Avoiding hearing loss in the workplace

Public news

Noise is in every working environment and it’s not uncommon for that noise to reach dangerous levels.

Whether hearing loss is due to long lengths of exposure or short lengths that cause the damage, noise damage to workers’ hearing in Australia is a real thing. The correct training and use of PPE must be taught to every single Australian worker before they need to use it.

WHS law in Australia puts a lot of onus back onto supervisors and upper management to make sure that they are providing a safe working environment for all workers. This includes an environment free from hazardous noise.

So what is a dangerous noise level?

Noise in a workplace is considered at a dangerous level when it reaches the exposure standard of 85 decibels (A-weighted) over an eight hour period, and a maximum of 140 decibels (C-weighted).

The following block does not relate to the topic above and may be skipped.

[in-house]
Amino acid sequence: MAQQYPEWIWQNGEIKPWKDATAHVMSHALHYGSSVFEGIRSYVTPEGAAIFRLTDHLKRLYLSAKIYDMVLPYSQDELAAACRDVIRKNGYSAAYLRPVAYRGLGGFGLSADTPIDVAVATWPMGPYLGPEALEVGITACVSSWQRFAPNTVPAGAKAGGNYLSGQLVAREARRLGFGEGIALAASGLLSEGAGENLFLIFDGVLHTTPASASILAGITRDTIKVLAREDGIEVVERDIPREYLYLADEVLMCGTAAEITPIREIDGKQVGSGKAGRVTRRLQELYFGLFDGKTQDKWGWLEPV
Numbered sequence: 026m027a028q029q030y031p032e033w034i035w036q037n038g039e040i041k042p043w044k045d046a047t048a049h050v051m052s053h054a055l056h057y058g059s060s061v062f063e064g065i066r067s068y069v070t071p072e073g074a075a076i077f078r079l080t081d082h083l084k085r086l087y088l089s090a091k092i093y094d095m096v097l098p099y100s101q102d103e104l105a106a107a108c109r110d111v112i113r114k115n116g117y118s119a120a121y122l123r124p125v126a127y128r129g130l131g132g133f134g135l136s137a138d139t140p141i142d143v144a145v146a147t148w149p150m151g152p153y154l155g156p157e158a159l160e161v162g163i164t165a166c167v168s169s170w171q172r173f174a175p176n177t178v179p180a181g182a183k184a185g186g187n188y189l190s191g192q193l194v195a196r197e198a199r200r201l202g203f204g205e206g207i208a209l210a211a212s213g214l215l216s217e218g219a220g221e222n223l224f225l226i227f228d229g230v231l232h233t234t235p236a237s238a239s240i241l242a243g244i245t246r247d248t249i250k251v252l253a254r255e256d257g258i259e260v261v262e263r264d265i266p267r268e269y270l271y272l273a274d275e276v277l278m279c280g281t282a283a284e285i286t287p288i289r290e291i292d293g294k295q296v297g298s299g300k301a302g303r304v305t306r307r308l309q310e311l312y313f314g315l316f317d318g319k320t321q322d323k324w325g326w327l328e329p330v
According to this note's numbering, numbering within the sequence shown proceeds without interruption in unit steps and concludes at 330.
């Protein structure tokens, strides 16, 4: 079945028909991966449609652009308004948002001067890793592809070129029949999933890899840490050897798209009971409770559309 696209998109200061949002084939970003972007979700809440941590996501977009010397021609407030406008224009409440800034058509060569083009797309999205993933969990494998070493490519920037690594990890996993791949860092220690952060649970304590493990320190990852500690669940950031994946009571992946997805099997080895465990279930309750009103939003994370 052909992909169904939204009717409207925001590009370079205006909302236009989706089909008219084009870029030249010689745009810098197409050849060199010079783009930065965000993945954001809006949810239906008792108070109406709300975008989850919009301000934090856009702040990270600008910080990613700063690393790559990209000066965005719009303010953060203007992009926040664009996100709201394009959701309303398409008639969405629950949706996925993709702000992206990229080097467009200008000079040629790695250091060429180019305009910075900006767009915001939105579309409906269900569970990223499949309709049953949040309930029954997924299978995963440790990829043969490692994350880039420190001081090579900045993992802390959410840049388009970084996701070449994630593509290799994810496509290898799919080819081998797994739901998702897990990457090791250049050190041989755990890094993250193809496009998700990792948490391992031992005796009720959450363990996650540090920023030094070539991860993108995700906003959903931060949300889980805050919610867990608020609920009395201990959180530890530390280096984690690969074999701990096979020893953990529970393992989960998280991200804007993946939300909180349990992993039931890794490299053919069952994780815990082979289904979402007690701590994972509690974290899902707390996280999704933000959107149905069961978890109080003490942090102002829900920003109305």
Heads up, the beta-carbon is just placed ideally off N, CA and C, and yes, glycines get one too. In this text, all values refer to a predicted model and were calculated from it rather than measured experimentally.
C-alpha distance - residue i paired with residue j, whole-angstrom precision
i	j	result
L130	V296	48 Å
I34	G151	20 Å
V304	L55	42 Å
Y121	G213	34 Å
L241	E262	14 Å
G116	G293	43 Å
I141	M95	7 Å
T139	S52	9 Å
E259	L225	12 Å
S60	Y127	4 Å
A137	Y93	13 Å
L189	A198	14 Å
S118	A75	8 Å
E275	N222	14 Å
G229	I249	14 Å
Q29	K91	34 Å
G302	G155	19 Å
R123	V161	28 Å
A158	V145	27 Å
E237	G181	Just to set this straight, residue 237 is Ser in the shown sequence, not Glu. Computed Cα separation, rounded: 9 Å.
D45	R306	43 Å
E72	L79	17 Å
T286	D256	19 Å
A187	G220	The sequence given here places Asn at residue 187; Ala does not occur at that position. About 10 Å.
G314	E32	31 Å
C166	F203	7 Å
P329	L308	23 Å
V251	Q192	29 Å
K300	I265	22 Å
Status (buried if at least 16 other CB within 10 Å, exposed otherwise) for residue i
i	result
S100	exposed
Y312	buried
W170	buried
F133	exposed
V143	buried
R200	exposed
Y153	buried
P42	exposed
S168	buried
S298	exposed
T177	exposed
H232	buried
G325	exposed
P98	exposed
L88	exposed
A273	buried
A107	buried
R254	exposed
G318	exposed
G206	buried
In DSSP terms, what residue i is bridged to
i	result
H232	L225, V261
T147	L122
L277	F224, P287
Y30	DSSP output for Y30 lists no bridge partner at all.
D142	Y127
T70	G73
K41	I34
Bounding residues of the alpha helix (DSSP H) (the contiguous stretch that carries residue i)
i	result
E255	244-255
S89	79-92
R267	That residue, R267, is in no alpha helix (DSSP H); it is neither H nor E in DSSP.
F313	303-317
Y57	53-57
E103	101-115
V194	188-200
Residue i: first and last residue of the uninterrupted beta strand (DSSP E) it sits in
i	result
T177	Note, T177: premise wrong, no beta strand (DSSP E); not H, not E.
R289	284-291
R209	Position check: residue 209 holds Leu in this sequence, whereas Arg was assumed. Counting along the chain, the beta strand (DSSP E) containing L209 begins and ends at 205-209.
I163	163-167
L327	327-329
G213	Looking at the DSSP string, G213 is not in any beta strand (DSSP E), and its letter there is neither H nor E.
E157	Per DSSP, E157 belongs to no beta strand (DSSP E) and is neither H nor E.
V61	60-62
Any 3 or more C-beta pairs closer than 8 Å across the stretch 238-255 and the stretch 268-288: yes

To show you an example of noise levels, try and compare your normal work practices to the below examples:

  • Jet Engine - 120 decibels
  • Angle Grinding - 120 decibels
  • Chain Saw - 110 decibels
  • Lawn Mowing - 93 decibels
  • Welding - 91 decibels
  • Front End Loader - 85 decibels
  • Normal Conversation - 60 decibels

It is very important to protect your own health as well as that of your fellow workers in the workplace. Nobody wants to receive a fine for unsafe practices and nobody wants to be responsible for injuring another in our workforce.

If you require any assistance or advice in relation to high levels of noise in the workplace or conducting hearing loss testing for your workers, please contact the MTA’s WHS & RTW Coordinator Cos Lamberto by clicking here.